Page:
We decided that a change was in order. As part of our cross curricular culminating task planning, we decided that we would ditch our text book and instead teach our math classes using a problem solving approach. Also, the idea of compartmentalizing math into individual strands was an idea we wanted to try and break away from. Added to those ideas, we also wanted to try and work in a bit of a blended learning model, to reduce the amount of time we spent 'lecturing' in class.

This meant a bit of a scary start to the new school year, as we were all embarking on a journey where none of us, students or teachers, knew where it could end up.

Progress to date:

I am very pleased to report that we have had tremendous success. Our students are engaged in our Math classes and we are able to have them involved in more tasks where there is a need to use multiple strands to solve problems. There is a level of excitement in the students which I think was missing in previous years. That excitement holds true for me as well. I find that there is really never a day where I feel like a lesson is really dragging on, or where I may be dreading having to complete a certain question from the text book which I know is poorly worded and the students are going to struggle to complete.

The times we have used blended learning lessons, the students (and parents!) have provided positive feedback that they really enjoyed watching the 'lesson' (more like a song or a rap) and then being able to discuss what they watched for homework, in class the next day.

As an added bonus, the few times we have used the text book, the students have been excited to work from it.

I think one of the reasons we were able to accomplish this is through the team work which has gone on between the teachers. It was a bit rough at the start as far as charting our course, figuring out just how this was going to work, and generating the problems and "work" for class on a daily basis, but our team work has paid off with a much more rewarding math class experience, both for students and teachers.

Examples of some of our introductory problems:

What Math would be needed to pull of this stunt?

The perimeter of the regular polygon is 16cm. What might the shape look like?

What's longer - the perimeter of the field, or the bus lane?

Here's a bunch of data about weather - show it so it is clear for others to understand.

Resources We've found helpful:

Wednesday, September 5, 2012


I started to use Collaborize Classroom with my classes today and it seems to really be a hit so far. Mind you, we've only been working on an introductory activity having nothing what so ever to do with Math or Science, but the students are interested in the idea of an online learning environment.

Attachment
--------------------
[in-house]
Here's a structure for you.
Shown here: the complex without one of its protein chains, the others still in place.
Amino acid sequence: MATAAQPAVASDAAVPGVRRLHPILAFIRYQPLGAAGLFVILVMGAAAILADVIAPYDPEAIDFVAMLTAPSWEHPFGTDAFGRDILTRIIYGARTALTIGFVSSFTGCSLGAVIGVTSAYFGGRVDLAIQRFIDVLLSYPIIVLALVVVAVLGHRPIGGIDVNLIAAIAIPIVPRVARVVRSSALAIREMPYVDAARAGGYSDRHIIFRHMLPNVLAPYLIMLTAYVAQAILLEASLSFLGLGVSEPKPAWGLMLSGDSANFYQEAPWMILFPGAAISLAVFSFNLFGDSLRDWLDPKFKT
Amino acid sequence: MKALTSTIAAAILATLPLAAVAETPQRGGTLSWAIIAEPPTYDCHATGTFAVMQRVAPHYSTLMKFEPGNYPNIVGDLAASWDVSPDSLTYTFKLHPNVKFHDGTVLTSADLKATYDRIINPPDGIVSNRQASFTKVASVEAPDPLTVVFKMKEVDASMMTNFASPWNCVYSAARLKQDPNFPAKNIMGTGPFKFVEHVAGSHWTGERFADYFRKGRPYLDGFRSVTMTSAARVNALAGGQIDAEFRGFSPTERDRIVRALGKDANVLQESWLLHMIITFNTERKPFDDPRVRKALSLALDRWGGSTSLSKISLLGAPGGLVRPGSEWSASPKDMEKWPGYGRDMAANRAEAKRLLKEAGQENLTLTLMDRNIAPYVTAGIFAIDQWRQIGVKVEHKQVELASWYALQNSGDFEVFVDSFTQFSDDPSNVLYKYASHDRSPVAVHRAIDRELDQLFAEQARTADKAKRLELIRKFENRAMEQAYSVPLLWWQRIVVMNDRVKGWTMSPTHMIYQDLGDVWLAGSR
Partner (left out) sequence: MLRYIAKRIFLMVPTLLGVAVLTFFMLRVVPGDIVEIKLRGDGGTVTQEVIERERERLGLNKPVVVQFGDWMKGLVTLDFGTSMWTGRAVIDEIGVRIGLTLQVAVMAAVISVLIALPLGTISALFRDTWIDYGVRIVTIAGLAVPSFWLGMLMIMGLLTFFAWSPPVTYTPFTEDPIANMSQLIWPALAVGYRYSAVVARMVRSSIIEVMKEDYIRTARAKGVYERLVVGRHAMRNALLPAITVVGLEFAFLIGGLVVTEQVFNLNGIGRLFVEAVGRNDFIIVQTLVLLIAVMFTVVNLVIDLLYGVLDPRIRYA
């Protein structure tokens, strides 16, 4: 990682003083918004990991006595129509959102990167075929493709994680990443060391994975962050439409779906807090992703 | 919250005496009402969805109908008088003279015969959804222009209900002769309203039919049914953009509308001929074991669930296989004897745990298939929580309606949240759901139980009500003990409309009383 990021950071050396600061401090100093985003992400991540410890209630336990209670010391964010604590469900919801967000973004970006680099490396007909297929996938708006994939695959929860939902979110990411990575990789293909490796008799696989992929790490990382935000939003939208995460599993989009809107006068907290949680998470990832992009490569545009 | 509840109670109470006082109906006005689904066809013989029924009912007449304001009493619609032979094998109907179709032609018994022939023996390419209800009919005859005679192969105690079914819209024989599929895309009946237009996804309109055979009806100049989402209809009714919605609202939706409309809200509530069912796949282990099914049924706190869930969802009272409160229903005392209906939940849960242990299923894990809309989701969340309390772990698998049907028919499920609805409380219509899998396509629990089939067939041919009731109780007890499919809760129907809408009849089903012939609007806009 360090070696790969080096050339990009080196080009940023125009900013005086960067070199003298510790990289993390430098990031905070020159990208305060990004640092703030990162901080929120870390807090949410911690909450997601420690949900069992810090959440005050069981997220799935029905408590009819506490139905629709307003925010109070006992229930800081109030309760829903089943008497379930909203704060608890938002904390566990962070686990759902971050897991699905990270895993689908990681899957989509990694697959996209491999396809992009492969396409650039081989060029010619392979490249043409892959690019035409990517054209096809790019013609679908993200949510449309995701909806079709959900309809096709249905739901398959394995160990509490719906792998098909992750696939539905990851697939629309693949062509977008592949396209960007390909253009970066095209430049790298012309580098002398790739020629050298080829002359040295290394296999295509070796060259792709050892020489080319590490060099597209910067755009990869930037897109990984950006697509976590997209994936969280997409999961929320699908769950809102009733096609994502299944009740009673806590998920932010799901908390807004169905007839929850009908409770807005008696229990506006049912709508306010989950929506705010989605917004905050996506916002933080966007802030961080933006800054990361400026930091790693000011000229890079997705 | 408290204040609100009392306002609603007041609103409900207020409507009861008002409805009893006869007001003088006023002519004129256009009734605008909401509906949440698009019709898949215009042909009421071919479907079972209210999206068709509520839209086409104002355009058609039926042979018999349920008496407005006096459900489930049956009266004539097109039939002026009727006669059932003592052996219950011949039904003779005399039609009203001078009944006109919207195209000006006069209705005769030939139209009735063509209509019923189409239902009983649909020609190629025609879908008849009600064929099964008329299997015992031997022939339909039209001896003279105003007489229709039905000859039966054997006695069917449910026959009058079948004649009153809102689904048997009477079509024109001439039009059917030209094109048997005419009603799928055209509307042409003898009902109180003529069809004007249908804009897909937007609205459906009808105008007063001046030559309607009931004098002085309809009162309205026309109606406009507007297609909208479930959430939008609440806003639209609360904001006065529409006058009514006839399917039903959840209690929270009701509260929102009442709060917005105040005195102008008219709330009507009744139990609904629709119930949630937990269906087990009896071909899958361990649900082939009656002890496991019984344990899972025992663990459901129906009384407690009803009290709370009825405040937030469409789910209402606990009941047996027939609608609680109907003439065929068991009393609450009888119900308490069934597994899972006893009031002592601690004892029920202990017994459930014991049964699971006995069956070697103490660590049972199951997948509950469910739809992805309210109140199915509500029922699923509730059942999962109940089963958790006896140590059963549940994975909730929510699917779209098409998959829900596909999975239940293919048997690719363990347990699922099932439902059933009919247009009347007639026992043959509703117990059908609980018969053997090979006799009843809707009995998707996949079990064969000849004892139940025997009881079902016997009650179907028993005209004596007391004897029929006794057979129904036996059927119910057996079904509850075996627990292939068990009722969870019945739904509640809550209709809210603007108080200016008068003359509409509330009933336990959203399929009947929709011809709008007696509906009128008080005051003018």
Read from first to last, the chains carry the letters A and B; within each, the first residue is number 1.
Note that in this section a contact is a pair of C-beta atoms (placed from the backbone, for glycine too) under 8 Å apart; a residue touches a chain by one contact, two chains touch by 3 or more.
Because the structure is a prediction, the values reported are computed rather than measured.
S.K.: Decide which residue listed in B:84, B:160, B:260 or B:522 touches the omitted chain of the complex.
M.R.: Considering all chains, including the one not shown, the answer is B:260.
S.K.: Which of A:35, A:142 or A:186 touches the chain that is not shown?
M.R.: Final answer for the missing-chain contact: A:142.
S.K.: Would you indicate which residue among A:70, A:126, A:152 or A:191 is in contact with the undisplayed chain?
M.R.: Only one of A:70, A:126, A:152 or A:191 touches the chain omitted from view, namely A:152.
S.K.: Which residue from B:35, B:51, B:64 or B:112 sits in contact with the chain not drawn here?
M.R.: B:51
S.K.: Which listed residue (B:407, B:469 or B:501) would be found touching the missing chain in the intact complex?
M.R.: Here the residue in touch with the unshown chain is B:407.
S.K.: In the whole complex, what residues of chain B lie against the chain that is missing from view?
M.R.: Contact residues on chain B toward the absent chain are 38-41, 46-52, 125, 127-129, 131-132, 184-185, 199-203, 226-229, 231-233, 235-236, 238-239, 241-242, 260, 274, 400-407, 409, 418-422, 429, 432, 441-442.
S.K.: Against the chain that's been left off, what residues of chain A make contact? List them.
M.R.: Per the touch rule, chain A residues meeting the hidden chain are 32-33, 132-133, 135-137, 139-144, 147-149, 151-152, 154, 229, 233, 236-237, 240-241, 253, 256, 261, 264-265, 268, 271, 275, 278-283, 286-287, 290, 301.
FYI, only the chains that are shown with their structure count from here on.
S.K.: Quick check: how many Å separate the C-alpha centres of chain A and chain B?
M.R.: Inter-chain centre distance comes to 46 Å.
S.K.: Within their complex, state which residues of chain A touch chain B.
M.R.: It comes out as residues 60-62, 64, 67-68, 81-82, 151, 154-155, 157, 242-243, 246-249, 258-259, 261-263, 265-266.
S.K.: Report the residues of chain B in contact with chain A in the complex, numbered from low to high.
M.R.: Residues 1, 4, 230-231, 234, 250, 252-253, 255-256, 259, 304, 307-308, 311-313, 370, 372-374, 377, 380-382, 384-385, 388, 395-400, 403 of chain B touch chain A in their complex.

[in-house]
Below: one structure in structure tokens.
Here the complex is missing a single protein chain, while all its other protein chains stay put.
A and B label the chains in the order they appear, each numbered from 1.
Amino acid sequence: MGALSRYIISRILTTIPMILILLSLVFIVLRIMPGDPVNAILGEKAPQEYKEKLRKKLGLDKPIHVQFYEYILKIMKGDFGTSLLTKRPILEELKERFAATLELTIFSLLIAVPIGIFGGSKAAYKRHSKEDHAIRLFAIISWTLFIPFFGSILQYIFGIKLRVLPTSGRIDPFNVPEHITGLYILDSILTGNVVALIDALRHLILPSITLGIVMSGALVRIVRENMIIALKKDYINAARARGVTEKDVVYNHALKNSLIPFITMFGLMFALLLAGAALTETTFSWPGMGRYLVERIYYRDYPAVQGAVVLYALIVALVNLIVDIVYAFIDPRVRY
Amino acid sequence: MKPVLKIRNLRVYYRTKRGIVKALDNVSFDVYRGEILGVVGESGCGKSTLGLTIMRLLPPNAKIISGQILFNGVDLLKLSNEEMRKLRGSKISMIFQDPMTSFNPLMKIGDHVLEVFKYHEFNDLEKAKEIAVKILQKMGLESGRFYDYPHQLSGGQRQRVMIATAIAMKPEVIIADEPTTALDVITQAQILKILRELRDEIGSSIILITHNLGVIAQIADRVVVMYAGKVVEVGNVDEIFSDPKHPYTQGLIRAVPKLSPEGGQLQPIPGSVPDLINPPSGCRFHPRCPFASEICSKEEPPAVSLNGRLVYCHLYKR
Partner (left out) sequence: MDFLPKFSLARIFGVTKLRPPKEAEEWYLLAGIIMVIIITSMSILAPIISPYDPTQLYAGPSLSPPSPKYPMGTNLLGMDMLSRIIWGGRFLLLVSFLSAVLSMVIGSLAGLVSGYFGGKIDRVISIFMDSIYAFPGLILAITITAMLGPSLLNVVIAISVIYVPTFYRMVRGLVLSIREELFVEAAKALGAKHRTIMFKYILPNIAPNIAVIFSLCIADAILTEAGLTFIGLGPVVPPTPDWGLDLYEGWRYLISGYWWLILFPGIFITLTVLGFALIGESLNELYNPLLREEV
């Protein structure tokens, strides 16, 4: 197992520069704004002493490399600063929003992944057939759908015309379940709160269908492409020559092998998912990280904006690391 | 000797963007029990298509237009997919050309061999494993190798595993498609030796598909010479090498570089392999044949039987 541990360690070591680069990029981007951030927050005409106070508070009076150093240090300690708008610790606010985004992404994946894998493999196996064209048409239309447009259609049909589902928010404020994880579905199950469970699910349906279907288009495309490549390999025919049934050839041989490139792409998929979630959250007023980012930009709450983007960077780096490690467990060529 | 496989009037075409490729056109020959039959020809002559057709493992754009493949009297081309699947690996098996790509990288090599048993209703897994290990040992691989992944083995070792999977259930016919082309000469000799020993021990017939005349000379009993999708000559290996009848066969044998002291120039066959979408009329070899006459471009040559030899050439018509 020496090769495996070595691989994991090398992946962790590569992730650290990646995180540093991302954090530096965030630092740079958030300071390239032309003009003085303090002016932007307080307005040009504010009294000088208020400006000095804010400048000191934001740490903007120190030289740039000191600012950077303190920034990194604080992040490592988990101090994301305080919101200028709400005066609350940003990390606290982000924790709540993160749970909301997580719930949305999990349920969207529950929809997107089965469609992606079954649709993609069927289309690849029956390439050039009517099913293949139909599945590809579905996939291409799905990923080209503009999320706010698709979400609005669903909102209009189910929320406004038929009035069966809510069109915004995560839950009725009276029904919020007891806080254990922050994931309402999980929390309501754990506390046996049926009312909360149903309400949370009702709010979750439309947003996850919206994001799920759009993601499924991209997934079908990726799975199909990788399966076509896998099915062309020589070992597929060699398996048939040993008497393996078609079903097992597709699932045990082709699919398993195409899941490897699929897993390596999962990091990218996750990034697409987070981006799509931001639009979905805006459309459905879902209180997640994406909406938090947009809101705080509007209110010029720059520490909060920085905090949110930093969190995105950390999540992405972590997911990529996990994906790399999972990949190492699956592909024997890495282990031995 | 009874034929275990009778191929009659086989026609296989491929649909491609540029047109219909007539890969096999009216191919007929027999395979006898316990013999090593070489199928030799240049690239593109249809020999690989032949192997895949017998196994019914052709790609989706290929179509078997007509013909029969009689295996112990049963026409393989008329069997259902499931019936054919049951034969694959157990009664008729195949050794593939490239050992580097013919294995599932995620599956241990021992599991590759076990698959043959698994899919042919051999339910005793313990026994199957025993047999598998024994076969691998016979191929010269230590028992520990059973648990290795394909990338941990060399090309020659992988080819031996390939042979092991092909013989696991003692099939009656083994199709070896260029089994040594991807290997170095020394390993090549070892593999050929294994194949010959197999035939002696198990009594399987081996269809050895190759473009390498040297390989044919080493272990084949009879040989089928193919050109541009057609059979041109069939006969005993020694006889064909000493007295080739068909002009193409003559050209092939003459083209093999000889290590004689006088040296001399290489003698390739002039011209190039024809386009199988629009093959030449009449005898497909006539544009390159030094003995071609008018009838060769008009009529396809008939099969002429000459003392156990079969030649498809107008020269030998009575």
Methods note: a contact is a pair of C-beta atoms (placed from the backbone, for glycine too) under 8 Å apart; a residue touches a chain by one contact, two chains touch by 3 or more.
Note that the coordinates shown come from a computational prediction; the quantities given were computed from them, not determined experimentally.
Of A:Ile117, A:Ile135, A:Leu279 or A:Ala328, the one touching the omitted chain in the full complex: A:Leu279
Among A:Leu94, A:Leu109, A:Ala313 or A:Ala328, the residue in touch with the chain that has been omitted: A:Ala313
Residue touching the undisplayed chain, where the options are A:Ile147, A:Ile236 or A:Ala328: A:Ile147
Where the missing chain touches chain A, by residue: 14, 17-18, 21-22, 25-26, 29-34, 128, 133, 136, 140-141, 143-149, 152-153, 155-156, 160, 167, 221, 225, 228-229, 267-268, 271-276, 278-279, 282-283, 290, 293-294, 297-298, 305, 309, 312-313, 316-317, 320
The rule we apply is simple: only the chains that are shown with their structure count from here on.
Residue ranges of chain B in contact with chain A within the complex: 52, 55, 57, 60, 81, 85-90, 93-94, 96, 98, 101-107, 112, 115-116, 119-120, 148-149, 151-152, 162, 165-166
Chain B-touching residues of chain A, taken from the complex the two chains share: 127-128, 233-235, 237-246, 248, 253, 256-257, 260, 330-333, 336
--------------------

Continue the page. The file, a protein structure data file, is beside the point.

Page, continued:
I can tell that I'm going to have to go over how to use proper English in a post and in a reply, as well as how to strengthen responses, but that is something I expected to do - and I would have to do if the students were answering with pencil and paper as well!

It will be interested to see how the interest keeps up when it is "real" work being done online.

One other "issue" which has come up in each of the classes I teach is that of students who do not have a computer at home, or do not have internet access on their home computer.

Right now, I think what I'm planning to do to solve the problem is to have those students come in early, or at lunch, or stay after school, to use the school computers when work is being done online.

I also had the idea tonight of perhaps looking for community programs which could assist with the purchase of a computer, or internet access if the family was in financial need. I guess the reason for not having a computer, or access to the internet could also be a belief on the part of the family, in which case it may be more difficult to have that student involved in our online community.

Monday, July 16, 2012

Let's Get Flipped!

I've decided to use this blog to keep track of my journey through flipping my classroom and delving into the world of blended learning.

So far, I've read the FANTASTIC book by Catlin Tucker (@CTuckerEnglish) about Blended Learning and it has given me a great starting point for accessing Edmodo, Schoology, and Collaborize Classroom.

I plan on testing those three over the summer, hopefully to arrive at a decision on what to use in my classroom in September. I also have the option of using D2L, which our school board is beginning to implement in the fall.

This is an exciting time and I can't wait to see where this journey takes me.